Digital Loggers

Customize your power controller using simple, powerful BASIC scripting.

Scheduling Events with Scripts

Firmware versions 1.6.0 and later support scheduling through a BASIC scripting language. Have a look at the examples below.  Need some help?  Call (408) 330-5599 or send an email.

Hardware Requirements - EEPROM

User-defined scripts are stored in non-volatile EEPROM.  The current Web Power Switch 7, DIN Relay II/IIII, 110-240V Power Switch and Ethernet Power Controller 5 include expanded EEPROM.   Scripting can be used on earlier models (ie. Web Power Switch III or VPDU) with small EEPROM, but they will be lost after power-off.  Scripting is included in the latest firmware.  

Real Time Clock (RTC) - Helpful but not required.

You don't need an RTC with battery backup to schedule events.  You can synchronize the internal clock in any product to a Network Time Protocall server source using the NTP command.  The advantage of a battery-backed-up RTC is that its time setting will survive both a loss of power and a simultaneous loss of network connectivity. The current Web Power Switch, Ethernet Power Controller  and 110-240V Power Switch include a battery-backed-up RTC.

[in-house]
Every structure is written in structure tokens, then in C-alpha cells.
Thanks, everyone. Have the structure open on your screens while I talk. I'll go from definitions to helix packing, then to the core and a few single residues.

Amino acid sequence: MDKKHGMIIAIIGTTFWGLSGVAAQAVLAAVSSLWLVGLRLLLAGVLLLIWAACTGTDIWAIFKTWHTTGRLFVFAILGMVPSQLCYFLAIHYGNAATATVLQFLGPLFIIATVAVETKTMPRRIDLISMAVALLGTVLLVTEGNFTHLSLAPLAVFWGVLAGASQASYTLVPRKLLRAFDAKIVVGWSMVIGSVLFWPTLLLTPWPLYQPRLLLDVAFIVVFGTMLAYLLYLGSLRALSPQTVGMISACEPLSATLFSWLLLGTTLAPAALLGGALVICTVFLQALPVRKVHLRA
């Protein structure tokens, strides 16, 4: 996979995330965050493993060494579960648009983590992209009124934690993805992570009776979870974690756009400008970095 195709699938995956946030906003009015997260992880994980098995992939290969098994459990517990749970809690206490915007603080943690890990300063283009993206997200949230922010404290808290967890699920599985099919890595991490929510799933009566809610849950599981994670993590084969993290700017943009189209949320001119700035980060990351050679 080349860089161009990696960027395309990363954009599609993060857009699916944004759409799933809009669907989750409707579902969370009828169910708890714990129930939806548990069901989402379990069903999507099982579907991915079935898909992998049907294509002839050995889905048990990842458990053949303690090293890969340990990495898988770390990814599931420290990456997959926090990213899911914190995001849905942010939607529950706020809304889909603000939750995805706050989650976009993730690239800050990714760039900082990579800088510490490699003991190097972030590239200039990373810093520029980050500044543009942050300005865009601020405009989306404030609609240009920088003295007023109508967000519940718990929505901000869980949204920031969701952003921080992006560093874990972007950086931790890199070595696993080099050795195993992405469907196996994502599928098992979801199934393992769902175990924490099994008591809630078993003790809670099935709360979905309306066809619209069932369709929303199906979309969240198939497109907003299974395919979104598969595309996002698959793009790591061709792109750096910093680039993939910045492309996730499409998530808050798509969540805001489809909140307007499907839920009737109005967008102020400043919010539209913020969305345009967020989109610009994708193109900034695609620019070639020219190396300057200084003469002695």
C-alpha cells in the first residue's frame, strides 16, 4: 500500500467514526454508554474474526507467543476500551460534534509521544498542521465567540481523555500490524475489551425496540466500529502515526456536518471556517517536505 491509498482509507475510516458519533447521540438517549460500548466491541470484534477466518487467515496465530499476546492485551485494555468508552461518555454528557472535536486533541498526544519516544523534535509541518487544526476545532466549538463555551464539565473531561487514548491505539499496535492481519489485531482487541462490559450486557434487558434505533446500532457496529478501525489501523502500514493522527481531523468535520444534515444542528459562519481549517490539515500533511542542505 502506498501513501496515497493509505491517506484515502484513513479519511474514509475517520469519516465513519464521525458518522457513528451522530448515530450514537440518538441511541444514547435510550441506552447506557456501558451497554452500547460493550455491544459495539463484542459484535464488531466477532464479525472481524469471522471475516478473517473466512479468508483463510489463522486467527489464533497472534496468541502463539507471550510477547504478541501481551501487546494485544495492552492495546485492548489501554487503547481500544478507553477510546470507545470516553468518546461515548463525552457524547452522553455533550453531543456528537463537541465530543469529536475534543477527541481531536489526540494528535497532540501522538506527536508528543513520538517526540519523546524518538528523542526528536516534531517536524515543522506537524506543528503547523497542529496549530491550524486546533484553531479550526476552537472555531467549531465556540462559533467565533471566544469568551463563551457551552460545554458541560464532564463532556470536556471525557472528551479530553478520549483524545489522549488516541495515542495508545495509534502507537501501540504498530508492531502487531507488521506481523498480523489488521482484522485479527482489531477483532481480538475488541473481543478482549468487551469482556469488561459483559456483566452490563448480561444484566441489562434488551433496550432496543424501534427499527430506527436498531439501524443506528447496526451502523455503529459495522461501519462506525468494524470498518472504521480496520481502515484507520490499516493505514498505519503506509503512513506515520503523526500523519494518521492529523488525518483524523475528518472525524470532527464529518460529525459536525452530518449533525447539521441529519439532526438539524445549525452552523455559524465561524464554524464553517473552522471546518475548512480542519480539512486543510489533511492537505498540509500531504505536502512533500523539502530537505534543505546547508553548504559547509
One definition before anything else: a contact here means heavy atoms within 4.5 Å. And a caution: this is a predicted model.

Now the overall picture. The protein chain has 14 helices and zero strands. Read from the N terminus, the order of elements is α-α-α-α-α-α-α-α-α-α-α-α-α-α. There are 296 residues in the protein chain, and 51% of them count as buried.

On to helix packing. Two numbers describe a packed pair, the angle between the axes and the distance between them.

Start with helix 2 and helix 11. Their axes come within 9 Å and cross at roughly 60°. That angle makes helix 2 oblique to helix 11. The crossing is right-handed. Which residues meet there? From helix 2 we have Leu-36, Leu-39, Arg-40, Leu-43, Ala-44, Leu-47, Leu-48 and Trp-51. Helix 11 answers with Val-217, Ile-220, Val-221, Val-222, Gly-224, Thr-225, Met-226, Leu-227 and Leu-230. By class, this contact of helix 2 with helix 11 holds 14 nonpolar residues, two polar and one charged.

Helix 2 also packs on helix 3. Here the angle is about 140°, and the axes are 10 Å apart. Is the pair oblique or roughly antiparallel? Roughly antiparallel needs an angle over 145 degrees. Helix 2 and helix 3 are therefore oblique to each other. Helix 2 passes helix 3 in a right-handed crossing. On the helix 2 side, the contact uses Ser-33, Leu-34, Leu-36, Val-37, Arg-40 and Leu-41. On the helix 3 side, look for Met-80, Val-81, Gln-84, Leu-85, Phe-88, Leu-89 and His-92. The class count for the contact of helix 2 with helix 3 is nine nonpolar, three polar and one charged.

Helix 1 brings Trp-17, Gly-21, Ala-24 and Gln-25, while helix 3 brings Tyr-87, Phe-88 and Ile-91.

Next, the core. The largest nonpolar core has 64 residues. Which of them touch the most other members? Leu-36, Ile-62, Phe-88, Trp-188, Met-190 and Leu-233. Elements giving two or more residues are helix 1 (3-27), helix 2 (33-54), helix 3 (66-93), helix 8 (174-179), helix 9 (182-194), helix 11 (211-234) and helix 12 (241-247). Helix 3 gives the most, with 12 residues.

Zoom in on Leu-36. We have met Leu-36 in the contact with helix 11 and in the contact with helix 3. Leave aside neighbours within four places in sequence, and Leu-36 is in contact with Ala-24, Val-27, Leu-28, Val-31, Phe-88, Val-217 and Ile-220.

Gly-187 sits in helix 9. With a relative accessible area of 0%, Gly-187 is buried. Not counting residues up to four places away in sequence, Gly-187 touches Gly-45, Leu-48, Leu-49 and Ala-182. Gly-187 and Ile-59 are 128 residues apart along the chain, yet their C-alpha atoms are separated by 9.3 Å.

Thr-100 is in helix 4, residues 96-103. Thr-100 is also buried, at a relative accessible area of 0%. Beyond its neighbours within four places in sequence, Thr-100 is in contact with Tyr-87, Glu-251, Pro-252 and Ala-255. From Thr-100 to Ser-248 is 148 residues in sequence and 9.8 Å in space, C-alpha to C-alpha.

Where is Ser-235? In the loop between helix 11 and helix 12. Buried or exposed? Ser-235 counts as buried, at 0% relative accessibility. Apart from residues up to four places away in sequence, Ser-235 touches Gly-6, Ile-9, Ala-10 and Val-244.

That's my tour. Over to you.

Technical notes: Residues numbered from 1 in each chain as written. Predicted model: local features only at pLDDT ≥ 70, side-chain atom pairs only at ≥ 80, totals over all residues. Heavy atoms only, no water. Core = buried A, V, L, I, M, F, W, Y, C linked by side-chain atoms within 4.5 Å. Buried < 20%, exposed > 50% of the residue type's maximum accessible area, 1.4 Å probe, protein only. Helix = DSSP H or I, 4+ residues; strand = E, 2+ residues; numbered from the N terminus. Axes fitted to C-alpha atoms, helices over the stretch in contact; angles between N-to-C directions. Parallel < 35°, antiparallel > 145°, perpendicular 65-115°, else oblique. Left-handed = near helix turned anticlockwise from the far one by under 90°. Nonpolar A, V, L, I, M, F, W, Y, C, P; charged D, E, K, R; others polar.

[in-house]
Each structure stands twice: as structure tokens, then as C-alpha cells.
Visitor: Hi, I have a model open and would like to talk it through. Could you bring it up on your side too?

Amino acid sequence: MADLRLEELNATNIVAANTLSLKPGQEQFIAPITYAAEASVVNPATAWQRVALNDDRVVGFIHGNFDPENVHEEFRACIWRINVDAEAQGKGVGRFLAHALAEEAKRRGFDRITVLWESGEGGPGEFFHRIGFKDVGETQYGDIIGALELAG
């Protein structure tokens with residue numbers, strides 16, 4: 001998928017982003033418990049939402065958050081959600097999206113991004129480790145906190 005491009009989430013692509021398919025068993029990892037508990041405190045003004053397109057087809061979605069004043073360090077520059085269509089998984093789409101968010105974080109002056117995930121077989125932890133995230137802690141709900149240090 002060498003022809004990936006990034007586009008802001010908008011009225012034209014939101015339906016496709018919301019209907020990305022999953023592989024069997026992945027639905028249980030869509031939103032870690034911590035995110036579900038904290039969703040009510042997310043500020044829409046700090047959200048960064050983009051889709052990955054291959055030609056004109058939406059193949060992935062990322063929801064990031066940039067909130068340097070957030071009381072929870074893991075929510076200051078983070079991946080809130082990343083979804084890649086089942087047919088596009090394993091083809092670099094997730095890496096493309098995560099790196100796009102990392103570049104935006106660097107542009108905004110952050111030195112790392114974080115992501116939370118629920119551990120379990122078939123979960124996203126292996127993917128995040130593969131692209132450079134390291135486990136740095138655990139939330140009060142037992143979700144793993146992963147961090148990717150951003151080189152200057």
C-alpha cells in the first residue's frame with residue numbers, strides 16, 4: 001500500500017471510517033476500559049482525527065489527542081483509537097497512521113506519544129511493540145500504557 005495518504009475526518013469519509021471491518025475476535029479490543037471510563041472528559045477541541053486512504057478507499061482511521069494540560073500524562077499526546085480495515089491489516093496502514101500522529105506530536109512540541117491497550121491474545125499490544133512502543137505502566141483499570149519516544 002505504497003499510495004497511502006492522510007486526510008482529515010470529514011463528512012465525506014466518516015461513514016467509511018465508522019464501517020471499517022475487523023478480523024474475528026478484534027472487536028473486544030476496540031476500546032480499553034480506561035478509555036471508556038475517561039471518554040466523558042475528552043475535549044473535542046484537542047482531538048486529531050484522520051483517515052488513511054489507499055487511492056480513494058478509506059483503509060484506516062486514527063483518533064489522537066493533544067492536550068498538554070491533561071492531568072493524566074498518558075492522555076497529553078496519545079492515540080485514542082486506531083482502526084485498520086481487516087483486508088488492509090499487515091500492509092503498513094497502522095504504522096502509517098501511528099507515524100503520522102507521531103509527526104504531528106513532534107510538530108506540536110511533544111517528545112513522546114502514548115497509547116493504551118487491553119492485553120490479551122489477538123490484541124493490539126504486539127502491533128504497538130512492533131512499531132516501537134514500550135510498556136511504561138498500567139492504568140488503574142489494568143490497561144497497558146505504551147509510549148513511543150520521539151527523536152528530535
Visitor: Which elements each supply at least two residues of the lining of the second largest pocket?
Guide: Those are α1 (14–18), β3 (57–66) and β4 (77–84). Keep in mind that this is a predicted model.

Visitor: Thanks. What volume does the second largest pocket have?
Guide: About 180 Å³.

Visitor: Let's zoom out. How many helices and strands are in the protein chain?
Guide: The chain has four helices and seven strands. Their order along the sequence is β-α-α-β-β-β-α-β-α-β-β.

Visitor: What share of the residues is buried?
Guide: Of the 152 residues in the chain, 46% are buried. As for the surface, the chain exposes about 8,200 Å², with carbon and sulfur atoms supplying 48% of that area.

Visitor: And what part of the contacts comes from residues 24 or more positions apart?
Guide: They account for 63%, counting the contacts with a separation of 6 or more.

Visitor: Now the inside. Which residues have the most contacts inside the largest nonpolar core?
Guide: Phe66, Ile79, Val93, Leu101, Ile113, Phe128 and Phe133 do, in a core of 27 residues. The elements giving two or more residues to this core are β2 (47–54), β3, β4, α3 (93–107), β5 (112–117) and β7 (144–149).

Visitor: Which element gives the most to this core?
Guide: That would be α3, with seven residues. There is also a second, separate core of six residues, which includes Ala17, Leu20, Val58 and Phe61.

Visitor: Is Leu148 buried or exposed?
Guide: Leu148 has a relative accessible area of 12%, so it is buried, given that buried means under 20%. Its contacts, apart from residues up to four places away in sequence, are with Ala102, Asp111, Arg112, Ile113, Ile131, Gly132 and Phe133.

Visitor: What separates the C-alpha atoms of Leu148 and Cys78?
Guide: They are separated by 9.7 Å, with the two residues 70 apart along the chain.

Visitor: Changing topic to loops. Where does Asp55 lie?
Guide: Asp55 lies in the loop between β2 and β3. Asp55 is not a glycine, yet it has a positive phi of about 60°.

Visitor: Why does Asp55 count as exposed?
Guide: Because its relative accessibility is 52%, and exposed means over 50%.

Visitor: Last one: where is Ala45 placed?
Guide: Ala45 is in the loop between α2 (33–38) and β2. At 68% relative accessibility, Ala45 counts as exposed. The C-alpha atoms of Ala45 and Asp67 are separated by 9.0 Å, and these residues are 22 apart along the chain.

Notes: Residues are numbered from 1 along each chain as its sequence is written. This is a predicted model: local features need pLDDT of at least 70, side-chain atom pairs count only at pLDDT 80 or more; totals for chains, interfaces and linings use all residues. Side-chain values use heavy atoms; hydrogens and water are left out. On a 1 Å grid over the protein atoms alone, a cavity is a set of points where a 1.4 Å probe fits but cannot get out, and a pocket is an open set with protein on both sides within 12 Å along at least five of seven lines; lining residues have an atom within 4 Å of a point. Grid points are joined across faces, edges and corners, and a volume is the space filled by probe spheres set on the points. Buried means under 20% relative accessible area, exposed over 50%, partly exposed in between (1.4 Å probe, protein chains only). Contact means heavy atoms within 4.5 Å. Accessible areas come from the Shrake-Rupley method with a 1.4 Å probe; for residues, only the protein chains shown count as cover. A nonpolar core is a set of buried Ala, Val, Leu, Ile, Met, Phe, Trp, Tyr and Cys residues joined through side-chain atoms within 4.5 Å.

Setting it up

Feel free to read the scripting page for a quick overview of the BASIC script language.  Log in as admin and click the scripting link.  After entering a command on each line, press <return> and the command will be copied.  If there's a syntax error in the command, the screen will refresh without changes. After you've entered a script, check the "Enable Scripting" checkbox.  Once enabled, start the script using the RUN button or any other method described on the scripting page.   Have a look at these example scripts:


Simple Lighting Economizer

This simple program shuts the lights off at 21:30 (9:30PM) daily.  Users can turn them on using a web browser, iphone, android phone, etc.  Should they forget to turn them off, the web power switch takes care of it.  One customer controls hotel HVAC equipment similarly using a DIN relay.

Reboot a Server Periodically

This example reboots a file server every Friday the 13th at noon.  Line 1, the TIME command synchronizes the internal clock to an NTP server located at  Line 5 uses the WAIT command to select the reboot time.  Line 10 uses the WOL command to wake the device at MAC address 01:02:03:04:05 by transmitting a WOL "magic packet".

 Ring School Bells at 8AM on Mondays


In this example (derived from an actual customer use), a DIN Relay is used to ring a school bell every Monday at exactly 8AM.  The DIN relay first syncs to a public time server, then it waits until 08:00 on a Monday.  After that, it rings the bell attached to relay 1 for a few seconds.